By Nick Nelson
“”Ritcherd,” she muttered, clutching his shoulders while his lips devoured her throat, ”we mustn”t.””
Thus begins the controversial passage that keeps LDS author Anita Stansfield”s most recent book off the shelves at Deseret Book and Seagull Book & Tape.
The manuscript for “The Captain of Her Heart” was rejected by Stansfield”s longtime publisher, Covenant Communications, because of content Covenant said was inappropriate, but that Stansfield defends as true to life.
“My feeling about writing has always been taking a realistic approach to the problems and challenges that people face in life,” Stansfield said. “I believe that the gifts that my Father in Heaven have given me to write are meant to be used in dealing with these subjects that people need to read about, because it”s what they”re struggling with in real life.”
Covenant published 25 of Stansfield”s books, which have often dealt with mature subjects, but elected not to publish her most recent book because its characters “committed a sin,” Stansfield said.
Covenant has a close relationship with Seagull Book & Tape, which has also refused to sell the book.
The protagonist of “Captain” finds herself an unwed expectant mother after a brief flare of unrestrained passion. The majority of the book deals with her struggle to overcome feelings of guilt and abandonment.
Stansfield was required by contract to submit the manuscript to Covenant for publication first, but the book did not meet with Covenant”s requirements for publication.
Covenant sent Stansfield a letter that described changes she would have to make to the novel to meet with Covenant”s standards for content, and called for “basically changing the entire plotline and premise of the book,” Stansfield said.
“I did not agree to those changes,” Stansfield said. “Therefore it was considered rejected.”
Robby Nichols, vice president of marketing for Covenant, said Stansfield”s book was refused because it did not conform to Covenant”s strict standards for publication.
“We believe our readers expect a certain book from Covenant,” Nichols said. “[”Captain”] was rejected, and [Stansfield] is free to publish the book wherever she wants.”
Stansfield has since formed her own publishing company, Crosswalk Books, and has released “Captain” under the Crosswalk label.
Deseret Book, which sells several of Stansfield”s previously released novels, rejected “Captain” because of its reference to premarital sex.
Keith Hunter, vice president of sales for Deseret Book, said his reviewers read and approve every book on the stores” shelves and that Deseret Book tries to buy titles that are the “best fit” for its customers.
“It isn”t that we”re avoiding topics like adultery or immorality, but things that portray immorality, for instance, in a favorable light – our experience is that those kinds of things are problematic and create a disconnect with our customers,” Hunter said.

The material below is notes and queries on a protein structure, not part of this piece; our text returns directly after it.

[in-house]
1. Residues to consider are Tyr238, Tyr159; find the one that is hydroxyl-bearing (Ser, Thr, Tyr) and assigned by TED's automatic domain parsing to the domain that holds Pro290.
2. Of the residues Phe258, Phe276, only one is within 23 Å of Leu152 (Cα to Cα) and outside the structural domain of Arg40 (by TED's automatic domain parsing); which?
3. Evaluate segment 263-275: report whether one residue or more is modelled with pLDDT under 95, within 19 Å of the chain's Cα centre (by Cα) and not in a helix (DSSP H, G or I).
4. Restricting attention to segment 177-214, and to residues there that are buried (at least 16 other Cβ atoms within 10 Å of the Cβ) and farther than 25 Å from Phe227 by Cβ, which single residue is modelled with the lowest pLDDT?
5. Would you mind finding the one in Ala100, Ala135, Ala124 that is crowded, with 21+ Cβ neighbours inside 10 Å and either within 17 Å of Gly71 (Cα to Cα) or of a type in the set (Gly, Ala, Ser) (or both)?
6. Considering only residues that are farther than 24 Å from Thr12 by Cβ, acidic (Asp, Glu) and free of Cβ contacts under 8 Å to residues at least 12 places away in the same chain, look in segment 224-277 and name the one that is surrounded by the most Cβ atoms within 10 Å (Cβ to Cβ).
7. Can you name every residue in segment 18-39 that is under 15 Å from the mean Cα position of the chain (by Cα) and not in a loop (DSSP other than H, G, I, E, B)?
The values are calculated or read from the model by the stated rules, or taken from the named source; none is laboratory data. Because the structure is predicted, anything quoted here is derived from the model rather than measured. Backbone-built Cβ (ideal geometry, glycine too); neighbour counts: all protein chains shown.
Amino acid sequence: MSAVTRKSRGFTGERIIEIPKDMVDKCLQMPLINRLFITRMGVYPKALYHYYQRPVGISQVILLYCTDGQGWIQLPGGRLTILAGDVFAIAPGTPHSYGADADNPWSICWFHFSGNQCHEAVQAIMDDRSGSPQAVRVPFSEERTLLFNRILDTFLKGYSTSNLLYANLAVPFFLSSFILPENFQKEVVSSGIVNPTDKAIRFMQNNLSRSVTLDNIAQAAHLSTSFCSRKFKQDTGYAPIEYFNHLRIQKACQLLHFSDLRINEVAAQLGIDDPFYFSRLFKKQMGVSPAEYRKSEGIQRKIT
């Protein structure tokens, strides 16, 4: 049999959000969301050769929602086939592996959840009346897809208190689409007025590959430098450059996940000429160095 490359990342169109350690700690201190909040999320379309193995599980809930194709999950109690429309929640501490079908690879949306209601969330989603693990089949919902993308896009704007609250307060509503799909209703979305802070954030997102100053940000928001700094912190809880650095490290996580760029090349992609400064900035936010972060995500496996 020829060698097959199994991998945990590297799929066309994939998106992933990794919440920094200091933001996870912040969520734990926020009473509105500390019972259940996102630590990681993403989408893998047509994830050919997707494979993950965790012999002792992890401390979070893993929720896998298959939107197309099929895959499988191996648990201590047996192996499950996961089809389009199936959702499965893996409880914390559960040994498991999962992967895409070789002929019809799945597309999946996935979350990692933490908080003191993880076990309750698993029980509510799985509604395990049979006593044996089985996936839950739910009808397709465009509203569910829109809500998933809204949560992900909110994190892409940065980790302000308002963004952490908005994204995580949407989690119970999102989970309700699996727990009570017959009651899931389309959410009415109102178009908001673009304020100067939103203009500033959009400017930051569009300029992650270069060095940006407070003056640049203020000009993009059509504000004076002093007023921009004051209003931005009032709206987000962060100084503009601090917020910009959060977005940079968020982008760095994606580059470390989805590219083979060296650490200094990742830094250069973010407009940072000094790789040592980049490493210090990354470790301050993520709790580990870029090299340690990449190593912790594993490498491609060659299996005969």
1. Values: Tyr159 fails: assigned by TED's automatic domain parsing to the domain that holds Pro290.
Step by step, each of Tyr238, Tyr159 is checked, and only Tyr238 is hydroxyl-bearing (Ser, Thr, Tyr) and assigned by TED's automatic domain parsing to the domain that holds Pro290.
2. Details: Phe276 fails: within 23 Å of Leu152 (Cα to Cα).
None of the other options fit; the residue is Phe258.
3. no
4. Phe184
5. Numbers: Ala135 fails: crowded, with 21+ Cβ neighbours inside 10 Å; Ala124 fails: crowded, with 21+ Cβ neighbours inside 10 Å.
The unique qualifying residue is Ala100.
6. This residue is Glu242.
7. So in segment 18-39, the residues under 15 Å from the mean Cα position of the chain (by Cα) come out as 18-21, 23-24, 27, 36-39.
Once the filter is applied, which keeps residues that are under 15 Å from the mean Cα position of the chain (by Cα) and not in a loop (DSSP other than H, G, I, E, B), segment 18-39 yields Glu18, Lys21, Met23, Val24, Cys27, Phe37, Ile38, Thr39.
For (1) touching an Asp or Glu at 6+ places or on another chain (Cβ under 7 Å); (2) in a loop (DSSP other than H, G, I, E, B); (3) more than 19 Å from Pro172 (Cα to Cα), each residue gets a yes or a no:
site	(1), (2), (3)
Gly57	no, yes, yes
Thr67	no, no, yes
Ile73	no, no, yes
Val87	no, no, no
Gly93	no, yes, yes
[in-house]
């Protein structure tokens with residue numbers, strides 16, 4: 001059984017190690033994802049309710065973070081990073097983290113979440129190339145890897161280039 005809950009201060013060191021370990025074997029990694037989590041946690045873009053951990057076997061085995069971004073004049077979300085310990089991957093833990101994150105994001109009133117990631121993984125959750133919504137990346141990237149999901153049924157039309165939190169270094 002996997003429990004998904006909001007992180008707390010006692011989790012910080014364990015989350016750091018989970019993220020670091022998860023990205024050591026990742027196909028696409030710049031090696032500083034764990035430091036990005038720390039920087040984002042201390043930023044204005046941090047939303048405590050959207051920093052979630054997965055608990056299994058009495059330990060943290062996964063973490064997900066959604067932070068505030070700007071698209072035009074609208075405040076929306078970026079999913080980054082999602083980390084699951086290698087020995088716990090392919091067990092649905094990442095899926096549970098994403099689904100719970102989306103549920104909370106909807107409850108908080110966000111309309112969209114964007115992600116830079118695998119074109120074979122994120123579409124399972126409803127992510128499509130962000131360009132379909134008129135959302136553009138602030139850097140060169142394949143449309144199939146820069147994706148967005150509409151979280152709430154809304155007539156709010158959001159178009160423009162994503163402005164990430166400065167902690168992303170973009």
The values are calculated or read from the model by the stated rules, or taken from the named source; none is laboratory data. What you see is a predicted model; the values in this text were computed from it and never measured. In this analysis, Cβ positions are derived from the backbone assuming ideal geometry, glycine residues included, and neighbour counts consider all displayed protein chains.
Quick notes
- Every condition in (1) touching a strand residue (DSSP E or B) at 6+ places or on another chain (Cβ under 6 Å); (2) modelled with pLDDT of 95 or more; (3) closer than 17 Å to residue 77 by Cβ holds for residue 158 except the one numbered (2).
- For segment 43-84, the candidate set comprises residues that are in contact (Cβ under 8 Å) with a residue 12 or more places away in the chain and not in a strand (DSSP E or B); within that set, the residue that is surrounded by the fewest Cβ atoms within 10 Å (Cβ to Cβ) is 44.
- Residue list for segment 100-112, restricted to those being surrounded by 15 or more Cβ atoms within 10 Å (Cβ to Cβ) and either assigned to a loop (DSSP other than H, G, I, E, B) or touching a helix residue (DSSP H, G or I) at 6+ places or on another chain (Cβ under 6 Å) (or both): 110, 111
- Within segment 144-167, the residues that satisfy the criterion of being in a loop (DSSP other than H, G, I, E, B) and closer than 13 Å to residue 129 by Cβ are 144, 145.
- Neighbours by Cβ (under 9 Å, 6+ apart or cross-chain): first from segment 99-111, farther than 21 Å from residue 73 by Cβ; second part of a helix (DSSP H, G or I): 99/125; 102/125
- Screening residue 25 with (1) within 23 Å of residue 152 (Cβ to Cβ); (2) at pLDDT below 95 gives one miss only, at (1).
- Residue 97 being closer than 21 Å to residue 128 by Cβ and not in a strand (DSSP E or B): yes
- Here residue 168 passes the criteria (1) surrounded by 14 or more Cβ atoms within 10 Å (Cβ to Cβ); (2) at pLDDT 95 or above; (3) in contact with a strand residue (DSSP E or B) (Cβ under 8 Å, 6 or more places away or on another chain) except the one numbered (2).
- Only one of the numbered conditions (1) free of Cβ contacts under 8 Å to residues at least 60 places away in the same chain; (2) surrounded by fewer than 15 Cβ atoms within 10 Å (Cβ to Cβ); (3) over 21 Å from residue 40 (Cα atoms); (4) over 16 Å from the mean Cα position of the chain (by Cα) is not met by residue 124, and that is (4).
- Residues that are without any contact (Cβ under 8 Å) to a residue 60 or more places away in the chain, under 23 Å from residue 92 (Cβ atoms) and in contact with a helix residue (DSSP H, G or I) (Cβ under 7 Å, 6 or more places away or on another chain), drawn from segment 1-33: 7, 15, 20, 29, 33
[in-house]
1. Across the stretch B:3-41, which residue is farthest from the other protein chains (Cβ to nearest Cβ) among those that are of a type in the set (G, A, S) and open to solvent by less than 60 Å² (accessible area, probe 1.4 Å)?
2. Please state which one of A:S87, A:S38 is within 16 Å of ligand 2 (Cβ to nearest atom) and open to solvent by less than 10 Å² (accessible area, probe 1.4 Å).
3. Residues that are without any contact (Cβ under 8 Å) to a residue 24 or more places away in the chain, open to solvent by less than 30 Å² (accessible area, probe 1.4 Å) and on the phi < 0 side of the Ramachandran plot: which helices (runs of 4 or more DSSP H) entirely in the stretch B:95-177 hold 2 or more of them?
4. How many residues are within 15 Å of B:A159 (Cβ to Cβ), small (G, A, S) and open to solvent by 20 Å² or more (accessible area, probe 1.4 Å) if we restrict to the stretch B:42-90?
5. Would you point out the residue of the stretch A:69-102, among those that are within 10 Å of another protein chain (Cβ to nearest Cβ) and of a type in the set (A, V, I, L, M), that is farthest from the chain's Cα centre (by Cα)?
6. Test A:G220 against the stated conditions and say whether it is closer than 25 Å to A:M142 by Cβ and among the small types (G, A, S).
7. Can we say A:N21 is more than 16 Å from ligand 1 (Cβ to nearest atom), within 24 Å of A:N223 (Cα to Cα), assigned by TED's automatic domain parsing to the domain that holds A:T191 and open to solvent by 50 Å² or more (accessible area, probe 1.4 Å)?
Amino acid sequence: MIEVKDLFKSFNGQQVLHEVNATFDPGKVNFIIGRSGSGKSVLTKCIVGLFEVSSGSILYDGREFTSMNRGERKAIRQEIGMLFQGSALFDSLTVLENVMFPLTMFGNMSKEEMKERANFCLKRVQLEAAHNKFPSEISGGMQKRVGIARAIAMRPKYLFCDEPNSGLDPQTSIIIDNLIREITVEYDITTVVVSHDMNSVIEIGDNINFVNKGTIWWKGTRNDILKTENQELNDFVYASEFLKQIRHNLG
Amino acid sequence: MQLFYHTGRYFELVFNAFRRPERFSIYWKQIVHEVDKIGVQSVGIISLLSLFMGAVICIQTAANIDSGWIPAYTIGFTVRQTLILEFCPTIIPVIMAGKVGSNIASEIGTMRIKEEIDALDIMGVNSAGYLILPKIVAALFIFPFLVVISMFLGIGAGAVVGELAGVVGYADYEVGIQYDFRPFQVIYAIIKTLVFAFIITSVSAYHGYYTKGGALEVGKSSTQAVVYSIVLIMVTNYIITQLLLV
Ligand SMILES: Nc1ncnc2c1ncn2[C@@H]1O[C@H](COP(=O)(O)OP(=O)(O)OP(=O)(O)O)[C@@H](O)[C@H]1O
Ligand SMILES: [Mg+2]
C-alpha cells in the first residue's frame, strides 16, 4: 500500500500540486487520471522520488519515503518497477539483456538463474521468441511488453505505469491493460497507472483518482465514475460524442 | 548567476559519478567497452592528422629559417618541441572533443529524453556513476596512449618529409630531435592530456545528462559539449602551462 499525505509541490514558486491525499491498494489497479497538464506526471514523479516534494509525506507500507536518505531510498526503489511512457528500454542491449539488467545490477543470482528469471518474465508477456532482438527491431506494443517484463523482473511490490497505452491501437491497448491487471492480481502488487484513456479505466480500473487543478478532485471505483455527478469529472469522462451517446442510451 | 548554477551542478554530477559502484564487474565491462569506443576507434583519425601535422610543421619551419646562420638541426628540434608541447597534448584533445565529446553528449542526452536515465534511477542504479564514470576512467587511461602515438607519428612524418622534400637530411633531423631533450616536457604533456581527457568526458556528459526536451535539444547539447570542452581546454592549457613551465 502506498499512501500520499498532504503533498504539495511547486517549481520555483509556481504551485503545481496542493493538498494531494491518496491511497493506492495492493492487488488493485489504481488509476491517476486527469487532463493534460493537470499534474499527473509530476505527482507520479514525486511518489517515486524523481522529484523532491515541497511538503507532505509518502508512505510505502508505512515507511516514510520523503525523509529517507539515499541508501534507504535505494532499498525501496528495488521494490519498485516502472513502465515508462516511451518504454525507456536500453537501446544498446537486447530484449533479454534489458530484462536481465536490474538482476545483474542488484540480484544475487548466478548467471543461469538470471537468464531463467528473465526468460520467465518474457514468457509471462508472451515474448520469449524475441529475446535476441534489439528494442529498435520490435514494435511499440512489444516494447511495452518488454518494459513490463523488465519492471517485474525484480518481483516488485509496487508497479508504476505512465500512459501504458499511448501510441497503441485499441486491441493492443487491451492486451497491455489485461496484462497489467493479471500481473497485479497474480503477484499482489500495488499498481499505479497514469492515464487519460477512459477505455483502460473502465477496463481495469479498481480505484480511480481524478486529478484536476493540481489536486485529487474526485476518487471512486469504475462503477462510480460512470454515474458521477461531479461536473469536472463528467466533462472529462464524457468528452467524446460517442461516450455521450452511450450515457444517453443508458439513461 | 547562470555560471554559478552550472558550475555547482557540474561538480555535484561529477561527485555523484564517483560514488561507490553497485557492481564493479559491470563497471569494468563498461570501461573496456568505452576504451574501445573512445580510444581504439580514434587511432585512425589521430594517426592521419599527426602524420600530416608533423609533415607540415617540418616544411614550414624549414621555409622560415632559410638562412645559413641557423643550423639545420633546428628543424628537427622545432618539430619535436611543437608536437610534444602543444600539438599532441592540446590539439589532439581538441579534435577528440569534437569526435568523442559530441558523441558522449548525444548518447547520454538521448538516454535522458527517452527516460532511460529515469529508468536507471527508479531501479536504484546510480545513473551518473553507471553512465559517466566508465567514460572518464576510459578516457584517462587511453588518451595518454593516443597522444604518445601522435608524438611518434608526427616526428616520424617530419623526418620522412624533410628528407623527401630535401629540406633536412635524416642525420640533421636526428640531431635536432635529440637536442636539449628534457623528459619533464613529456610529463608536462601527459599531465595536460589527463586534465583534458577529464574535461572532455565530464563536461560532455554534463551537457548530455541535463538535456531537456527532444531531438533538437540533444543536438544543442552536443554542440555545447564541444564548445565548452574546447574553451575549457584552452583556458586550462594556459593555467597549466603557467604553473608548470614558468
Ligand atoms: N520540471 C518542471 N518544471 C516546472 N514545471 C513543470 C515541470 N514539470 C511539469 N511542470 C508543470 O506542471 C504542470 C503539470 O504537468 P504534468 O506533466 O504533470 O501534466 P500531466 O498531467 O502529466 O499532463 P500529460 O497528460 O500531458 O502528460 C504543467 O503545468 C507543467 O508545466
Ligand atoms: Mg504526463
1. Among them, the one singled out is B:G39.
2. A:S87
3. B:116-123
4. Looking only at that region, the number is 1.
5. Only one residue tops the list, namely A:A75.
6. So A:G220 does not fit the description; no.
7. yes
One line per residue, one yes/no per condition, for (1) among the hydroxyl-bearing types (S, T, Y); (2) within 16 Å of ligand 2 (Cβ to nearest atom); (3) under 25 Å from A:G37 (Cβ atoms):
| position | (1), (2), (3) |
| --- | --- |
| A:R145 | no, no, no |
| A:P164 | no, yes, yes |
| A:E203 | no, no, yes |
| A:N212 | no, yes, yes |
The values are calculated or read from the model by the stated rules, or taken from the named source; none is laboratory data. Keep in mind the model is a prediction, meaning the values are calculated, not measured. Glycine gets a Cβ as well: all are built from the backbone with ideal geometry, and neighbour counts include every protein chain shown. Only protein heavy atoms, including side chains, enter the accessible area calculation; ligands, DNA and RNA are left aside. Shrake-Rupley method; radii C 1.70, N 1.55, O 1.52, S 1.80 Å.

He said the company has declined to carry books from major authors in the past, for which Deseret Book has taken “a lot of heat from the media.”
“We”re not a library, we”re a business, and we”re entitled to determine how were going to spend our resources to serve our customers,” Hunter said.
Deseret Book pulled three of Stansfield”s books in from its stores in 2002 because of content it deemed inappropriate. Stansfield said she felt that Deseret Book, which sells trade books from mainstream writers like John Grisham, holds LDS authors to a higher standard than their non-LDS counterparts.
“It almost seems like there”s a different standard for a Mormon writer than for a non-Mormon writer,” Stansfield said. “It”s not so much what they will or won”t carry, but whether it was written by a Mormon determines the different standards.”
Hunter said books are judged purely by their content and that the background or reputation of the author is not considered.
“Each book is looked at individually,” Hunter said.
He denied the assertion that LDS authors are judged more narrowly than non-LDS authors. When asked about possible discrepancies between books Deseret sells and others it rejects, Hunter said the review process is not an exact science.
“It”s hard to have it be completely objective,” Hunter said. “There are things that occasionally still slip through I suppose, but we try to be very diligent in the application of our buying guidelines.”
Stansfield said sales of “Captain” had been light because her readers were accustomed to seeing her books in Deseret Book and Seagull Book & Tape. National chains like Media Play and Borders sell “Captain,” as well as stores closer to home such as Missionary Emporium and BYU Bookstore.